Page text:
Since previous studies have established that GCDC-induced apoptosis in hepatocytes is in part controlled by modulation of kinase activation (2), we determined whether the cytoprotective action of S1PR2 inhibition in bile acid apoptosis was accompanied by modulation of GCDC-induced kinase phosphorylation. Activation of JNK is associated with hepatocyte cell death, whereas Akt and Erk are associated with survival (2, 6, 12, 15, 21, 32, 36, 41, 51). In these studies we show that blockage of S1PR2 receptor either pharmacologically or by RNA silencing in rat hepatocytes and human hepatocellular carcinoma cells results in an a decrease in JNK phosphorylation and an increase in Akt phosphorylation but is without effect on Erk phosphorylation. The changes in JNK and Akt phosphorylation status would be expected to promote hepatocyte survival, which is what we see with S1PR2 inhibition.
Our results showing that GCDC-induced Akt phosphorylation increases after S1PR2 inhibition differ from those previously described (44). In these latter experiments inhibition of S1PR2 with JTE-013 or silencing of SIPR2 with shRNA in rat hepatocytes was associated with inhibition of Akt phosphorylation induced by the nontoxic bile acid TC. Similarly in hepatocytes isolated from S1PR2 knockout mice, TC-induced phosphorylation of Akt was diminished. These results might be explained by the fact that TC is a relatively nontoxic bile acid and might be expected to modulate kinases differently than the hepatotoxic bile acid GCDC. Another possible explanation for the discordant results is that our studies used hepatocyte cultures maintained in minimal media 4 h after isolation whereas the studies of Studer et al. (44) were done in rat hepatocytes cultures maintained in media supplemented with dexamethasone and thyroxine for 24 h after isolation. It is known that the hepatocyte apoptotic behavior changes with time in culture (48) and that both hormone supplements have effects on hepatocyte signaling (10, 29, 31, 45, 46). Support for the idea that divergent culture conditions may explain the divergent results come from the observation that in the Studer et al. study hepatotoxic bile acids failed to even increase Akt phosphorylation (44).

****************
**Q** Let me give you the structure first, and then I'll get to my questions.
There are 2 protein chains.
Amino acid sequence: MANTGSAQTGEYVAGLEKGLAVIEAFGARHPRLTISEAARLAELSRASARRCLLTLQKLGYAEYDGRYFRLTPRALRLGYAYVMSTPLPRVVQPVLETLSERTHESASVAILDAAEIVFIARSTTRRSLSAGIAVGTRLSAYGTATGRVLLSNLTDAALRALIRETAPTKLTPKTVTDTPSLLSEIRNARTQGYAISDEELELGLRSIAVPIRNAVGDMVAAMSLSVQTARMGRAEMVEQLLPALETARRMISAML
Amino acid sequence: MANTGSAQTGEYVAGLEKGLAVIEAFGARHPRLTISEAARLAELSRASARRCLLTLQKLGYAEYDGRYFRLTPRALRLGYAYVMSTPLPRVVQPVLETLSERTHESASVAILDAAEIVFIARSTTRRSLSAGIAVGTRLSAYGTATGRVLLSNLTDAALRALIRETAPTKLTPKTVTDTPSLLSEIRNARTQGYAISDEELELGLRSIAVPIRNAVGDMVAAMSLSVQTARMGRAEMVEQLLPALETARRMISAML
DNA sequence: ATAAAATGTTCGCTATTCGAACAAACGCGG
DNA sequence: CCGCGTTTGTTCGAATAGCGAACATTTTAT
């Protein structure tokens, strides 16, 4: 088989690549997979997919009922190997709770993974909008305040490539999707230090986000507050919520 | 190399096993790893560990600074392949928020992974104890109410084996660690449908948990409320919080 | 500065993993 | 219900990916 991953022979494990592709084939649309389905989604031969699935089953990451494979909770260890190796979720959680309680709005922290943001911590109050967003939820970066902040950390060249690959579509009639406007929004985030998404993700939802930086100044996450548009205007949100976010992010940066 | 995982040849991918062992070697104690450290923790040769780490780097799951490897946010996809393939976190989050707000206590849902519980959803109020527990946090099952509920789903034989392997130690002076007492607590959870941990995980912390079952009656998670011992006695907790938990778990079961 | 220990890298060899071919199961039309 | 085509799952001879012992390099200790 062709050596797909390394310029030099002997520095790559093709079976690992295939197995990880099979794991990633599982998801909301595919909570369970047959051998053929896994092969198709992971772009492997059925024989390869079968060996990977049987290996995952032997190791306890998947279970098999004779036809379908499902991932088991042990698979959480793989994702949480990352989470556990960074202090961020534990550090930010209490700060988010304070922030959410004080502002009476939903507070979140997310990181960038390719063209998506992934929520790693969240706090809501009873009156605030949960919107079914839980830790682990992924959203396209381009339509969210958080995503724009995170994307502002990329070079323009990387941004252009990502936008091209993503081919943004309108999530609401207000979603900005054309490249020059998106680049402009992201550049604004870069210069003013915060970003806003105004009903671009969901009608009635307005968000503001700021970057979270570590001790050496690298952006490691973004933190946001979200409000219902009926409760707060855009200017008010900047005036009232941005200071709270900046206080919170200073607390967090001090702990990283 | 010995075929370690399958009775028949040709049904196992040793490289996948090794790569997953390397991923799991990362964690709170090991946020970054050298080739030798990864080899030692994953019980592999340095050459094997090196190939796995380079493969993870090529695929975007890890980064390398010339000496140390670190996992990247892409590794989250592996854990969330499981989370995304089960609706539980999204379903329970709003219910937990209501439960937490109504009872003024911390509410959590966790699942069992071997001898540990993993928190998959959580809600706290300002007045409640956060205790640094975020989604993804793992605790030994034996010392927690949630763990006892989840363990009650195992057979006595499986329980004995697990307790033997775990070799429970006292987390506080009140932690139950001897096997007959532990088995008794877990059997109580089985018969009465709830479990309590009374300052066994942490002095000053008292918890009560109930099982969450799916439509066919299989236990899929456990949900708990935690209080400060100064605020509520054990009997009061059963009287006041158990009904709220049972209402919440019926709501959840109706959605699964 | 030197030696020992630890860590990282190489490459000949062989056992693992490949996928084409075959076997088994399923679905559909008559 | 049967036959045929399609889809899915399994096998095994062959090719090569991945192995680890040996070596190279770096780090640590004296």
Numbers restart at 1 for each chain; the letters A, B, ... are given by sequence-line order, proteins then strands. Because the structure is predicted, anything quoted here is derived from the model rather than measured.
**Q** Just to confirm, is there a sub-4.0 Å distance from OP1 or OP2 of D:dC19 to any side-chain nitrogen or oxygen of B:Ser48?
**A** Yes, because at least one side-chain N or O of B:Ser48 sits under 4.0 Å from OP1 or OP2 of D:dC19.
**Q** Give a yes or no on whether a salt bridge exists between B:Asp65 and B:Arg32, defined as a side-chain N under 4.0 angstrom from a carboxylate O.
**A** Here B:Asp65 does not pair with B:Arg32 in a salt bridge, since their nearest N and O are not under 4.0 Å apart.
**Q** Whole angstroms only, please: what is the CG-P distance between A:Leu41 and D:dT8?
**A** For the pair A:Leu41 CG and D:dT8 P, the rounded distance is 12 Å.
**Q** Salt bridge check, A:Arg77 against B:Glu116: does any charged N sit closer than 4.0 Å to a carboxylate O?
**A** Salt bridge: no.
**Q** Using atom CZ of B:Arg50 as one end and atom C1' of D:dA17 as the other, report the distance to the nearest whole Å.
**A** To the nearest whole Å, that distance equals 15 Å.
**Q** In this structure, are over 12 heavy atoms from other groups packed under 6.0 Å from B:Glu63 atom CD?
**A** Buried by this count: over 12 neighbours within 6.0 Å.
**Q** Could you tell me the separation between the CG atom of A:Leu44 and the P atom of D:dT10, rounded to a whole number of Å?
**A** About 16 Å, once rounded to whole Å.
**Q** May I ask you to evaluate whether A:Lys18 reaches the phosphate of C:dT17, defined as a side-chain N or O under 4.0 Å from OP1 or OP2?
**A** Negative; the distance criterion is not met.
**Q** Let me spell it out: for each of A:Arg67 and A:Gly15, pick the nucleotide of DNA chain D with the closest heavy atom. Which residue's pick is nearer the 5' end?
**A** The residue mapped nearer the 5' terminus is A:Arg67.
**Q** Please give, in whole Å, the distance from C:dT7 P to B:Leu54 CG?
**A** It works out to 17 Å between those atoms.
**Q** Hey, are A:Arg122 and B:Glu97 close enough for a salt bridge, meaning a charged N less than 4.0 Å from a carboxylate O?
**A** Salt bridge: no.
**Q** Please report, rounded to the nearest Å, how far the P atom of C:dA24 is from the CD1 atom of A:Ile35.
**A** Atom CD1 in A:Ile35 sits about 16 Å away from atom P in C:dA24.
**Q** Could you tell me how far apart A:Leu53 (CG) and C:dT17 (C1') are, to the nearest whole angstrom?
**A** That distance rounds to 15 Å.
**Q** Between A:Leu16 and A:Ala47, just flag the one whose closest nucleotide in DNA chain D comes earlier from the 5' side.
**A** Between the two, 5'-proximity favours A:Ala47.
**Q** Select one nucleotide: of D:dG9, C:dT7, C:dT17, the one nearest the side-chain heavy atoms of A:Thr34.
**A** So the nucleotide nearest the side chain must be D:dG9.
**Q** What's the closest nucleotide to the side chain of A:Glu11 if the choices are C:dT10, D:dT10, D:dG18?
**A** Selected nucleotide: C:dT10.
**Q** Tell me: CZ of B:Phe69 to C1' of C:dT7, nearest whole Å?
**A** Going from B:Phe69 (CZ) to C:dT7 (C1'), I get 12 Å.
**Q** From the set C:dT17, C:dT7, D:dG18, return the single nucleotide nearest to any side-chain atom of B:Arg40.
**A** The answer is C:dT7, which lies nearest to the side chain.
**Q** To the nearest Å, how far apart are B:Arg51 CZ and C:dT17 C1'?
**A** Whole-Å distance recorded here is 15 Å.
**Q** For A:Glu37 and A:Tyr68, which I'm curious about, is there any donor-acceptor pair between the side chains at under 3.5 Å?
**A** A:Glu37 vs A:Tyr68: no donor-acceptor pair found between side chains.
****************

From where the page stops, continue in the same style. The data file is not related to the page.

We have corroborated previous findings showing that GCDC must enter hepatocytes to cause apoptosis (20, 41). In addition, we further demonstrate that GCDC-induced activation of several kinases, JNK, Erk, and Akt, relies on the presence of the bile salt transporter Ntcp. This suggests either that GCDC has to enter the cell to modulate intracellular kinase phosphorylation or that binding to Ntcp is necessary to induce kinase phosphorylation. We also substantiate previous findings in rodent hepatocytes and cholangiocytes (27, 44) showing that the hydrophilic and nontoxic bile acid TC activates Akt and Erk kinases in an S1PR2-dependent manner by demonstrating that TC exposure results in JTE-013-dependent phosphorylation of Akt, JNK, and Erk in wild-type HUH7 cells that lack the bile salt transporter. Precisely how intracellular GCDC induces kinase activation has not been fully characterized although there is evidence that some bile acids may act through intramembrane perturbations (19), inhibition of phosphatases (35), stimulating movement of receptors to the cell surface (Fas) (3, 35, 36), and/or transactivation of tyrosine kinase receptors (13, 19) through activation of Src (11) or the generation of reactive oxygen species (35, 36).